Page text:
RaveThe New York Times Book ReviewLoss suffuses these stories ... They’re stories that look backward ... While that perspective isn’t new for Atwood, the lens seems to have changed ... Here, people look back in grief ... The Covid invocations feel tacked on, and it’s in their somewhat unconvincing attempts at timeliness that these middle stories miss as often as they hit. They don’t feel carefully curated so much as collected from the disparate corners of Atwood’s mind ... I’d be more tempted to dwell on the puzzle of that grab bag of middle stories being sandwiched between realistic, virtuosic, elegiac linked stories if the reasoning didn’t so simply present itself: This is Atwood. This is our four-faced Janus, who’s got one face turned to the past, one to the present, one to the future and the fourth inside a spaceship, telling stories about eating horses. Long may she reign.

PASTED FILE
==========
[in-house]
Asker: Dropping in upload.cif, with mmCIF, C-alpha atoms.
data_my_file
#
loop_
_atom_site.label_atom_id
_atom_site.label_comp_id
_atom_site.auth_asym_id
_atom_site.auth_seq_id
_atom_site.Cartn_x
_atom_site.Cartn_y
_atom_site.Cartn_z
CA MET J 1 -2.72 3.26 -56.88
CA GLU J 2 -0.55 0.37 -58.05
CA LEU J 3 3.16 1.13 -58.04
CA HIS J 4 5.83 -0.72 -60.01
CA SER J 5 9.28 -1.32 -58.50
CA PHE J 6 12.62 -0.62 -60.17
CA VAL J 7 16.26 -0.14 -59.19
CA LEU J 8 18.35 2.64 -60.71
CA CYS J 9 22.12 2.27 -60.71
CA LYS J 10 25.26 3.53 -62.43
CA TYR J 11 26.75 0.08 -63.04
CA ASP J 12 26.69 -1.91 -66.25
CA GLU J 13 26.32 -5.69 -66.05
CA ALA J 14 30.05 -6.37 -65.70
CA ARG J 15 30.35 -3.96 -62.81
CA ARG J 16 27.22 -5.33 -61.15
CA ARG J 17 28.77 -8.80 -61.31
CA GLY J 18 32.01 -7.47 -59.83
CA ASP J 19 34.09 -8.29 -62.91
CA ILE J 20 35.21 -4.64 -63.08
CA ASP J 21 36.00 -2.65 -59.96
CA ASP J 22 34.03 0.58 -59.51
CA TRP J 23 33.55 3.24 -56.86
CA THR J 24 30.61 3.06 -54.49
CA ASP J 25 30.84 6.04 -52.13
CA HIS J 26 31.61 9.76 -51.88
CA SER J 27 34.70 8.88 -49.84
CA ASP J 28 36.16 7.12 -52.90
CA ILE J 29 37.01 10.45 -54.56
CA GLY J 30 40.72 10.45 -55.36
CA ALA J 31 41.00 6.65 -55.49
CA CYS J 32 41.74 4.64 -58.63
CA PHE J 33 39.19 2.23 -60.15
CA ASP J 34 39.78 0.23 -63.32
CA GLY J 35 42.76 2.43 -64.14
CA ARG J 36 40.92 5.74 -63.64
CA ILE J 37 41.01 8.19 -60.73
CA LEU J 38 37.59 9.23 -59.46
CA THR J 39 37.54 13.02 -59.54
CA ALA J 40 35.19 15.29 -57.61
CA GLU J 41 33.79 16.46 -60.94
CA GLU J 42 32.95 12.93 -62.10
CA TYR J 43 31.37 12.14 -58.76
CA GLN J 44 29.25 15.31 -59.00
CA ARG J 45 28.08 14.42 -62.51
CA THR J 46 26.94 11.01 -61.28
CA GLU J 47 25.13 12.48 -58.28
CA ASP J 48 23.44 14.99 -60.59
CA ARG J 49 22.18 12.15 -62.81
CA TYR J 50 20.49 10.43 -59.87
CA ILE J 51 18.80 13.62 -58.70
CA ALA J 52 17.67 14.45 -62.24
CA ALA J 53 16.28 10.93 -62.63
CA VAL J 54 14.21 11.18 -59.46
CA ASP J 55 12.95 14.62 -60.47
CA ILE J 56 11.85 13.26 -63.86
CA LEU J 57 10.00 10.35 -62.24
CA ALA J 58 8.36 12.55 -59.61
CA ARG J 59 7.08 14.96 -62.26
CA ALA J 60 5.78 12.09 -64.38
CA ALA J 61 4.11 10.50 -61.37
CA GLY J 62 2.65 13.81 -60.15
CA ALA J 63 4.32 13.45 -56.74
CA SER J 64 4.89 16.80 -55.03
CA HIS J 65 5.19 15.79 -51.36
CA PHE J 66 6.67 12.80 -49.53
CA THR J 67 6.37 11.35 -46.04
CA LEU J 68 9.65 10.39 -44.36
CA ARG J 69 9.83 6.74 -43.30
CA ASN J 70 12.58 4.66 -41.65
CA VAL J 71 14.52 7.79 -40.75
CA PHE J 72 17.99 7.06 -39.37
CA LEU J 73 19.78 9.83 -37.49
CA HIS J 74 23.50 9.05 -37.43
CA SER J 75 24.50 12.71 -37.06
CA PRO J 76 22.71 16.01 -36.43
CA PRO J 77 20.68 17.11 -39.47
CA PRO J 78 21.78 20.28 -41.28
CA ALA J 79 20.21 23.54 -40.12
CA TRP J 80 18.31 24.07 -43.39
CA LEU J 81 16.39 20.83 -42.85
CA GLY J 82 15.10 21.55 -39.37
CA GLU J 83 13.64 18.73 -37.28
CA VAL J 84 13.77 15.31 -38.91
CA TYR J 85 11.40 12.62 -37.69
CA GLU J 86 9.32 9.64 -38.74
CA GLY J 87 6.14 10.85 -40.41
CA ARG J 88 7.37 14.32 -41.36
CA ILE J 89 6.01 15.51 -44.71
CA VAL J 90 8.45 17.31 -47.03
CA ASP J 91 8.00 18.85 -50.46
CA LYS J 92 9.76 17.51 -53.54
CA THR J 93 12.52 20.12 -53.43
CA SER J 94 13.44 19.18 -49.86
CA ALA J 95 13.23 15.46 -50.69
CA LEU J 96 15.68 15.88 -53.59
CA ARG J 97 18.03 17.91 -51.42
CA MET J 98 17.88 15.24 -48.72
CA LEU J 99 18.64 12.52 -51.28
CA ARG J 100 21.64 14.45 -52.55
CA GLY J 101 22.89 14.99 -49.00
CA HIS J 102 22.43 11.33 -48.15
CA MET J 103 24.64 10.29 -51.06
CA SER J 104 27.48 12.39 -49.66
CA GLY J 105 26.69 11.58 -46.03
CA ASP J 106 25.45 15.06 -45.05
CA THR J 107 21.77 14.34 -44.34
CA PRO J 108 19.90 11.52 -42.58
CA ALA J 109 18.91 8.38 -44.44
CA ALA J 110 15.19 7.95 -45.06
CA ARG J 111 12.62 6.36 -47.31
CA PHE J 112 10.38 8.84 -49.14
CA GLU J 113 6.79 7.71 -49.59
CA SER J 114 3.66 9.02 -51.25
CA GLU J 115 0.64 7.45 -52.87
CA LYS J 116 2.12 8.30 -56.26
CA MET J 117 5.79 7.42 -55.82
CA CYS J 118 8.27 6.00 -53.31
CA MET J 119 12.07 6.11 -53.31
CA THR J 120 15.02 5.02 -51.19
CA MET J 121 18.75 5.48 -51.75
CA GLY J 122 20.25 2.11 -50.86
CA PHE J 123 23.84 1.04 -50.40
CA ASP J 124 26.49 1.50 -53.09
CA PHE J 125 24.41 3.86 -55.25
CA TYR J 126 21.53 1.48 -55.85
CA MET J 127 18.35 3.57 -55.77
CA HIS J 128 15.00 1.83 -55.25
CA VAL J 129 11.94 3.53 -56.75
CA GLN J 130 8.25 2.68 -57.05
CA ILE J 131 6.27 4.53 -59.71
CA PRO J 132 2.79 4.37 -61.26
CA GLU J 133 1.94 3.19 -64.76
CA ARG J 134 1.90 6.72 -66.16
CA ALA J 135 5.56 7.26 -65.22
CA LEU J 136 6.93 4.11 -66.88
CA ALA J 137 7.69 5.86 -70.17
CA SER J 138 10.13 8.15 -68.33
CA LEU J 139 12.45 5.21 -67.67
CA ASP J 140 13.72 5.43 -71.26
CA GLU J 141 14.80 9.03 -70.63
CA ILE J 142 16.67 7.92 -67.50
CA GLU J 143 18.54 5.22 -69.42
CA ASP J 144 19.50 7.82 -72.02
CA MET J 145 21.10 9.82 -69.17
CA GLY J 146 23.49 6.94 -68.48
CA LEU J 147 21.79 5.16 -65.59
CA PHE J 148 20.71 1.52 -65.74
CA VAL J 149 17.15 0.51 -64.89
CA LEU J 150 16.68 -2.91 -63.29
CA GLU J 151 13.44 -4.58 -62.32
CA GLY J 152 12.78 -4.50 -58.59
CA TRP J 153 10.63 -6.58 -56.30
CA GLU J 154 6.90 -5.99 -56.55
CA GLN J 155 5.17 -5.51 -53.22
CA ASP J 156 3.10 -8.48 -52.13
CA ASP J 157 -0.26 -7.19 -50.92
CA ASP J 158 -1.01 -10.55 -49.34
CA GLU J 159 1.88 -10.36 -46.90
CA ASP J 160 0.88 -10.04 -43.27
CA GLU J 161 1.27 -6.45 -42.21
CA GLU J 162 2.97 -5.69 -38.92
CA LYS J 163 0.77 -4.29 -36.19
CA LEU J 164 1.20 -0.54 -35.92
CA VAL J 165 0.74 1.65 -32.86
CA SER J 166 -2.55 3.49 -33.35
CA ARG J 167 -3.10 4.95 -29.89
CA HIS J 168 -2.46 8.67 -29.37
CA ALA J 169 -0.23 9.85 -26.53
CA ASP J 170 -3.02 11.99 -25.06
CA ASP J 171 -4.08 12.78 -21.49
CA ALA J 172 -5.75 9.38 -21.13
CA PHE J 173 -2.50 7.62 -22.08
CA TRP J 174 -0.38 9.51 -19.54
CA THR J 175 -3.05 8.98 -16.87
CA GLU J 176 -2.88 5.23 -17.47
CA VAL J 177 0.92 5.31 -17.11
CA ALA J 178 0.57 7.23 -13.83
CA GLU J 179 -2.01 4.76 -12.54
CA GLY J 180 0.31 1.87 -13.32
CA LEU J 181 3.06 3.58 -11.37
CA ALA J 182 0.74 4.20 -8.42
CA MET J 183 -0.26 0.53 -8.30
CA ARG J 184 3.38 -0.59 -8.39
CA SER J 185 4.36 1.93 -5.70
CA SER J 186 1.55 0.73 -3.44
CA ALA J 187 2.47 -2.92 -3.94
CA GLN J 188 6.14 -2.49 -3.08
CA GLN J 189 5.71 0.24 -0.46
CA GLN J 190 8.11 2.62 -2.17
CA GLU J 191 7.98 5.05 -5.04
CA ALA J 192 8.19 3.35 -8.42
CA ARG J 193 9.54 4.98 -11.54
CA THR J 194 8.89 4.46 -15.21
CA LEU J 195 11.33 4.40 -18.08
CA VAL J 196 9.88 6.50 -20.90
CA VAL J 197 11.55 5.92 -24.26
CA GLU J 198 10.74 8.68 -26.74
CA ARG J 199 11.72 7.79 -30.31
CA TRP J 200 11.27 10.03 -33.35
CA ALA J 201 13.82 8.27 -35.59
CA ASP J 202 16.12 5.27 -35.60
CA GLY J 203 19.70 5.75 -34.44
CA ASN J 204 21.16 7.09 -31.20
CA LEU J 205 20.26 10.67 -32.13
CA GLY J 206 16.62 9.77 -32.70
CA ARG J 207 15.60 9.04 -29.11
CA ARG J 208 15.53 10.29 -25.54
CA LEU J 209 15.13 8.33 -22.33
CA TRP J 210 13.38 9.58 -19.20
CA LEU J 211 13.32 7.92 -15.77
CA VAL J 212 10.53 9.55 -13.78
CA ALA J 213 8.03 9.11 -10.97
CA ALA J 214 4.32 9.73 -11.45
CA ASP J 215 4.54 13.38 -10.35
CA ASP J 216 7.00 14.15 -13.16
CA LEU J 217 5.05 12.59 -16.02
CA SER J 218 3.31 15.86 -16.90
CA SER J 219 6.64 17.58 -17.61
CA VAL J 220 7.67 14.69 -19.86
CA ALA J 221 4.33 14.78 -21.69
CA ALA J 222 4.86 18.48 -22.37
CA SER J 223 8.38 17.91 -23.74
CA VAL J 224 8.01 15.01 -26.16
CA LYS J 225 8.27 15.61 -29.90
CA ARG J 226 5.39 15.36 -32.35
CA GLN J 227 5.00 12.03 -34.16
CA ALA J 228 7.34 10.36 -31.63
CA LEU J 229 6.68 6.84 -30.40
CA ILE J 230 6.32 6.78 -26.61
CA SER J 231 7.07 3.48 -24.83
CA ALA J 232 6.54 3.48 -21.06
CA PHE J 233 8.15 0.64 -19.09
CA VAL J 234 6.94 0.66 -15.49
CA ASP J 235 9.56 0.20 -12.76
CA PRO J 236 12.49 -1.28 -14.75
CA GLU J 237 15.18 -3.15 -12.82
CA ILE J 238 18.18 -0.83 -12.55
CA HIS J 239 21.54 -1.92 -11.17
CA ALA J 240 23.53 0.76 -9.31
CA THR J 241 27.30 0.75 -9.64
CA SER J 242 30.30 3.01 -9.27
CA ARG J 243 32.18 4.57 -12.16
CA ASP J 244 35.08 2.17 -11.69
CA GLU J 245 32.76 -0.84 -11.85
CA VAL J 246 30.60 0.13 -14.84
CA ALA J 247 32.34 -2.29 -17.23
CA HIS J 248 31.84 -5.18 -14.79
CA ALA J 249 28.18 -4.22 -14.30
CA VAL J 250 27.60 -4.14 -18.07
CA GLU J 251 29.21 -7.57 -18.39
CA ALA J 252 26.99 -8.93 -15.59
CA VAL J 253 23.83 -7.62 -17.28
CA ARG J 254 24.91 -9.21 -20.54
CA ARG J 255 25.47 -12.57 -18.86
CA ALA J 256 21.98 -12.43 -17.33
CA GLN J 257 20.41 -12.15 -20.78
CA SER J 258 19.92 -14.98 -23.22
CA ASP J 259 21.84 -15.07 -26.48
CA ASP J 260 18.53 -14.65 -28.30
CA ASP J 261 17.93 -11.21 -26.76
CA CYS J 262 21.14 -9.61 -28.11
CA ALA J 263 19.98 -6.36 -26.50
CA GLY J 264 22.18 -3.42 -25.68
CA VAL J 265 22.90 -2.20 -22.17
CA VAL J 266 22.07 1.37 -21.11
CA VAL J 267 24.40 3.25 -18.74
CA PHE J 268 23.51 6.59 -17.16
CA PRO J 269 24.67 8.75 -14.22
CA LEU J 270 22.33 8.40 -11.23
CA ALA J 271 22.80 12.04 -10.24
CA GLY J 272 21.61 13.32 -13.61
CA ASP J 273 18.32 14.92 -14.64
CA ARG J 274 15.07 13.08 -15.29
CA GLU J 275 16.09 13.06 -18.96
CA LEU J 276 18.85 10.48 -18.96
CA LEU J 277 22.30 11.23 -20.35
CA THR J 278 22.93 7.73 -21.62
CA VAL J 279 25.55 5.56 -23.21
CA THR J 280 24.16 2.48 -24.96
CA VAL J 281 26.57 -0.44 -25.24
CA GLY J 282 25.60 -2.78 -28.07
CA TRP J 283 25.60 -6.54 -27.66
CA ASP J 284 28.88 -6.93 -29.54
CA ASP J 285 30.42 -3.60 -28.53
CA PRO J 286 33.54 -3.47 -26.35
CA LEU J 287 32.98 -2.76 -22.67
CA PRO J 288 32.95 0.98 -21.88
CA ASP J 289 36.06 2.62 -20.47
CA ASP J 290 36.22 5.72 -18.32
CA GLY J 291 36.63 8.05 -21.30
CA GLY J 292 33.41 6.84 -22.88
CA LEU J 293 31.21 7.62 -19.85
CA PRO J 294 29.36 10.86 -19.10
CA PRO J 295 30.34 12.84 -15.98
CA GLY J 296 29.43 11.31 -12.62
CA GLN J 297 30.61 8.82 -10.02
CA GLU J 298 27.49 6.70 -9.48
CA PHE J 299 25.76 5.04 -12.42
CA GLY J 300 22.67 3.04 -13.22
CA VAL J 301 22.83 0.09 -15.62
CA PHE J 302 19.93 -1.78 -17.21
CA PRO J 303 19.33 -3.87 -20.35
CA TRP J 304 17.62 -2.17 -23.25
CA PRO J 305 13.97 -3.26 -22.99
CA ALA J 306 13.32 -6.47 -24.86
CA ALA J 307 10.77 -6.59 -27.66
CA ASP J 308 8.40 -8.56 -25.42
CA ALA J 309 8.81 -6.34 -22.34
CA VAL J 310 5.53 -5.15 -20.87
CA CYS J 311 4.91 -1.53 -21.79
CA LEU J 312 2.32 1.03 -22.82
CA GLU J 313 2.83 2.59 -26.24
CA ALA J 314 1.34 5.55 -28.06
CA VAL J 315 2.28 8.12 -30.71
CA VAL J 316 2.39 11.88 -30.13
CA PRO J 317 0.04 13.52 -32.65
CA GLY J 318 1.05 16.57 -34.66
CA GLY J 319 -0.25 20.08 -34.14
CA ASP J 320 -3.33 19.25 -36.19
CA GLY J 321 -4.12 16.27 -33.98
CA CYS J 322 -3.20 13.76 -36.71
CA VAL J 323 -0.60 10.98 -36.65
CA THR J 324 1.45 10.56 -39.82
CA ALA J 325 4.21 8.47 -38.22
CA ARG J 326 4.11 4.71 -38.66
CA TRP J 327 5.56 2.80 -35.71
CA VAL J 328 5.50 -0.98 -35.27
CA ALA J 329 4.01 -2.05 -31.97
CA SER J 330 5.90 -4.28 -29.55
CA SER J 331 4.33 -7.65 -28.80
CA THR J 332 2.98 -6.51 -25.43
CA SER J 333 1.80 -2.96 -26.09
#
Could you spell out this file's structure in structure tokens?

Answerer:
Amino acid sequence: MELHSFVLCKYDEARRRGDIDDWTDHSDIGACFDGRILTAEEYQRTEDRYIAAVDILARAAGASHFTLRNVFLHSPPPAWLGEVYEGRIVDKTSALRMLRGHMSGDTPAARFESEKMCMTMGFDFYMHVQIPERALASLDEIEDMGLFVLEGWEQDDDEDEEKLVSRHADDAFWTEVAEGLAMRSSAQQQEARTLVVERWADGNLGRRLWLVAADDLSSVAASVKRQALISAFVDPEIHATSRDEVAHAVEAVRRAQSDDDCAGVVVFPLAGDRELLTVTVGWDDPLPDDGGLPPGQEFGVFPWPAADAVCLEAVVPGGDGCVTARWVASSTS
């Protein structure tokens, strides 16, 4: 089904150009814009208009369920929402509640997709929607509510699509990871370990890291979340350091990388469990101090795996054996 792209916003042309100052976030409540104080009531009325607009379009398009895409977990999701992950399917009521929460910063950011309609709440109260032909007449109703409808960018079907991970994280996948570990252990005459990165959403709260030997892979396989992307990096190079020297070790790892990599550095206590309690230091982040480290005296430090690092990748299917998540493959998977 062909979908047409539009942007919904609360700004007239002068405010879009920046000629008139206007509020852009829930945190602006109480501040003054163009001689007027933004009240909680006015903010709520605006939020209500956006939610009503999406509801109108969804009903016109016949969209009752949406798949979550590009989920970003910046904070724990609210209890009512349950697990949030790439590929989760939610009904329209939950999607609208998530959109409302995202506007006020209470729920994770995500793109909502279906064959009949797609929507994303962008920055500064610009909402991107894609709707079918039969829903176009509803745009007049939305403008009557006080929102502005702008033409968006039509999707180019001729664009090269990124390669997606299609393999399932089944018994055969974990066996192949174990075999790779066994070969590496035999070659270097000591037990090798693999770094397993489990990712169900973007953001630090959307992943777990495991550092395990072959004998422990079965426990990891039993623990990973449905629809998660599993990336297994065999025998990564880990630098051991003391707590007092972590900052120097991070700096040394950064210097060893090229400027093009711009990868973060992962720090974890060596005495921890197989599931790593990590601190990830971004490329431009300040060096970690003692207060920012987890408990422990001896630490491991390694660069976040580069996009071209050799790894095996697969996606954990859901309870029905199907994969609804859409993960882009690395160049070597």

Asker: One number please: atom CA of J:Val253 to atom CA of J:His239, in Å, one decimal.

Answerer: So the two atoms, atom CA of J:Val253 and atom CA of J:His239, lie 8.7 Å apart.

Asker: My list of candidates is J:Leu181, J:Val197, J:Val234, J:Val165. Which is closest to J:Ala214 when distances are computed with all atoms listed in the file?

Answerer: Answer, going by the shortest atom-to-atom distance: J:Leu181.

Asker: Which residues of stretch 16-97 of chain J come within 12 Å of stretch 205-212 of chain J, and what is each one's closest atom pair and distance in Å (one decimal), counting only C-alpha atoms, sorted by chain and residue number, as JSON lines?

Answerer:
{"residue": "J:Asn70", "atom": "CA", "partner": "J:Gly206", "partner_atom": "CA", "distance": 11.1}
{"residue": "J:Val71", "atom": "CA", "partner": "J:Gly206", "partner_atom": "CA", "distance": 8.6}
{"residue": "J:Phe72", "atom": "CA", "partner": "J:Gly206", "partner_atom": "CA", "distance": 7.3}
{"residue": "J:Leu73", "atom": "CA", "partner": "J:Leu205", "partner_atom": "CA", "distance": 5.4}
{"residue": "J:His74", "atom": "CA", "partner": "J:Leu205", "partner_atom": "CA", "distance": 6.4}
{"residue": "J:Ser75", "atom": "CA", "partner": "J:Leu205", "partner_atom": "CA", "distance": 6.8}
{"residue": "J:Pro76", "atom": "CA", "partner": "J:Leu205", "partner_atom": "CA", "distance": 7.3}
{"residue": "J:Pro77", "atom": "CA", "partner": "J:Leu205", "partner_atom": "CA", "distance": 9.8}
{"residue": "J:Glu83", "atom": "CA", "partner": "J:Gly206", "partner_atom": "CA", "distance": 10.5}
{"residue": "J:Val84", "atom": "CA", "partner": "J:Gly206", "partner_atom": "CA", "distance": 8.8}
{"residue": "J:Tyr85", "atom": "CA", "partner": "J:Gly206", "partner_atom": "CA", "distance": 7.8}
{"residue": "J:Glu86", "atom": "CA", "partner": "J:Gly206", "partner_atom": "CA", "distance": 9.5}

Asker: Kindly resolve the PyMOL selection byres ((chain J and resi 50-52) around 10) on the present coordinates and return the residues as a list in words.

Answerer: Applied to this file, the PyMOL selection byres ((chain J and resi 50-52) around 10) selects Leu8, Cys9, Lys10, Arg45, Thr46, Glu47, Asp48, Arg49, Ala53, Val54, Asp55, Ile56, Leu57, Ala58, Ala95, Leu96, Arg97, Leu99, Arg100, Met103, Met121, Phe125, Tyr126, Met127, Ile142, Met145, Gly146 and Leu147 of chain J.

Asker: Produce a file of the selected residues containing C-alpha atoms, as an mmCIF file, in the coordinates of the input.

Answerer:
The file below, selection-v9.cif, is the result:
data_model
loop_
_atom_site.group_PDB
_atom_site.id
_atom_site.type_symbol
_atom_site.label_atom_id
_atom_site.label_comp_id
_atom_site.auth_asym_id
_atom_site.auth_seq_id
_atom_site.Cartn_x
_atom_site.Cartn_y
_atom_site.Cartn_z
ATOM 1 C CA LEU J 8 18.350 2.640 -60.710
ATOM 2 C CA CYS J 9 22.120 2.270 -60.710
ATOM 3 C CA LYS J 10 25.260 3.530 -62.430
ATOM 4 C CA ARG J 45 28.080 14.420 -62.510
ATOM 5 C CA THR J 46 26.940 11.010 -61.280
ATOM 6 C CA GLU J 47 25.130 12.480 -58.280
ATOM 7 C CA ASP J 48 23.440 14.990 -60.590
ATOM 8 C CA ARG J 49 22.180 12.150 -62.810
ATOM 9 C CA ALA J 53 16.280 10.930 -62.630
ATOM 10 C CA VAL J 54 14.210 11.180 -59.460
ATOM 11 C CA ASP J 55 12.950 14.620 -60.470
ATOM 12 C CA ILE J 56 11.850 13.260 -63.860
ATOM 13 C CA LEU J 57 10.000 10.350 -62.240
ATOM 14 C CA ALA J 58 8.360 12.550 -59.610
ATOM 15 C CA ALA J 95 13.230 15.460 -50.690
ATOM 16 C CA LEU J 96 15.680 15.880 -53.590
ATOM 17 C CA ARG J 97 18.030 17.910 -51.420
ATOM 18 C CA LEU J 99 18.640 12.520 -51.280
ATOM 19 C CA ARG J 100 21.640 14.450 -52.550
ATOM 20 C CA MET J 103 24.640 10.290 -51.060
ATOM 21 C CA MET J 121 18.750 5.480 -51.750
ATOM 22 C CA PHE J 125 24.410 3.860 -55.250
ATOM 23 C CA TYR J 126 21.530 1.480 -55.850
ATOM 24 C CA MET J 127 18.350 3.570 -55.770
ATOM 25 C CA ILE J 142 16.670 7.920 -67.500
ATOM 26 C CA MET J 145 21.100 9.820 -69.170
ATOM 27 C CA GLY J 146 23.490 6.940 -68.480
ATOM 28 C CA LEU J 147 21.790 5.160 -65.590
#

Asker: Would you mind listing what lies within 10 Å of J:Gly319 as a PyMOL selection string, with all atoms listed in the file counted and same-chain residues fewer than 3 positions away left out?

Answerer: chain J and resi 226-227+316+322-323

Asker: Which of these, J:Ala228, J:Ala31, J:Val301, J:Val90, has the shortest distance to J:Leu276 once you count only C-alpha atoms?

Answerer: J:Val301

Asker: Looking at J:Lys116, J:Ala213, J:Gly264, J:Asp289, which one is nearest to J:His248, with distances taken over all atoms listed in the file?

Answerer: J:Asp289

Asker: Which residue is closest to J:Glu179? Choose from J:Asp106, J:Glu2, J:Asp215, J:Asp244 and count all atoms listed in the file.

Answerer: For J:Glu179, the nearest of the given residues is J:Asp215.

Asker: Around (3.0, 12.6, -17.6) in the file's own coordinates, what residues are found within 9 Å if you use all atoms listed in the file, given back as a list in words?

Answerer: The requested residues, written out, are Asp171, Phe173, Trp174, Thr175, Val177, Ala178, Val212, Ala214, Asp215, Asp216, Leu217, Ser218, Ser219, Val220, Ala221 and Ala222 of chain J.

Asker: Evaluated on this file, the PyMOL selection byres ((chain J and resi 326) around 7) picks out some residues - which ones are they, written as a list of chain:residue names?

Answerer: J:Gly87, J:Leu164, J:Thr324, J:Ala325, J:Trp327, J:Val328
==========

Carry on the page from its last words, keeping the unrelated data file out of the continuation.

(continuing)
RaveThe New York Times Book Review... a masterpiece tome: part sociology, part oral history, part memoir, part call to arms ... The public face of ACT UP was often white and male ... But the organization itself was (if unevenly) devoted to medical access for all demographics...and this focus owed much to the work of activists from those demographics whose stories Schulman excels in highlighting ... Schulman has critical words for narratives...that center on a straight savior narrative, that tell only the story of white gay men, or that imply activism was the work of a few rather than of the collective. A stickler could argue that to zero in on ACT UP New York is to reinforce another kind of generalization: that New York, along with maybe San Francisco, was where AIDS happened, and where the response happened—to the exclusion of activism in other cities, on college campuses and abroad. To be clear, this is not a flaw in Schulman’s book itself, which could only achieve such depth by narrowing its focus to one specific organization. She also makes known the impact of those who brought ACT UP outside the city ... Here is a primer, a compendium of what one group learned and struggled with and accomplished. Here is a book to start a mighty shelf.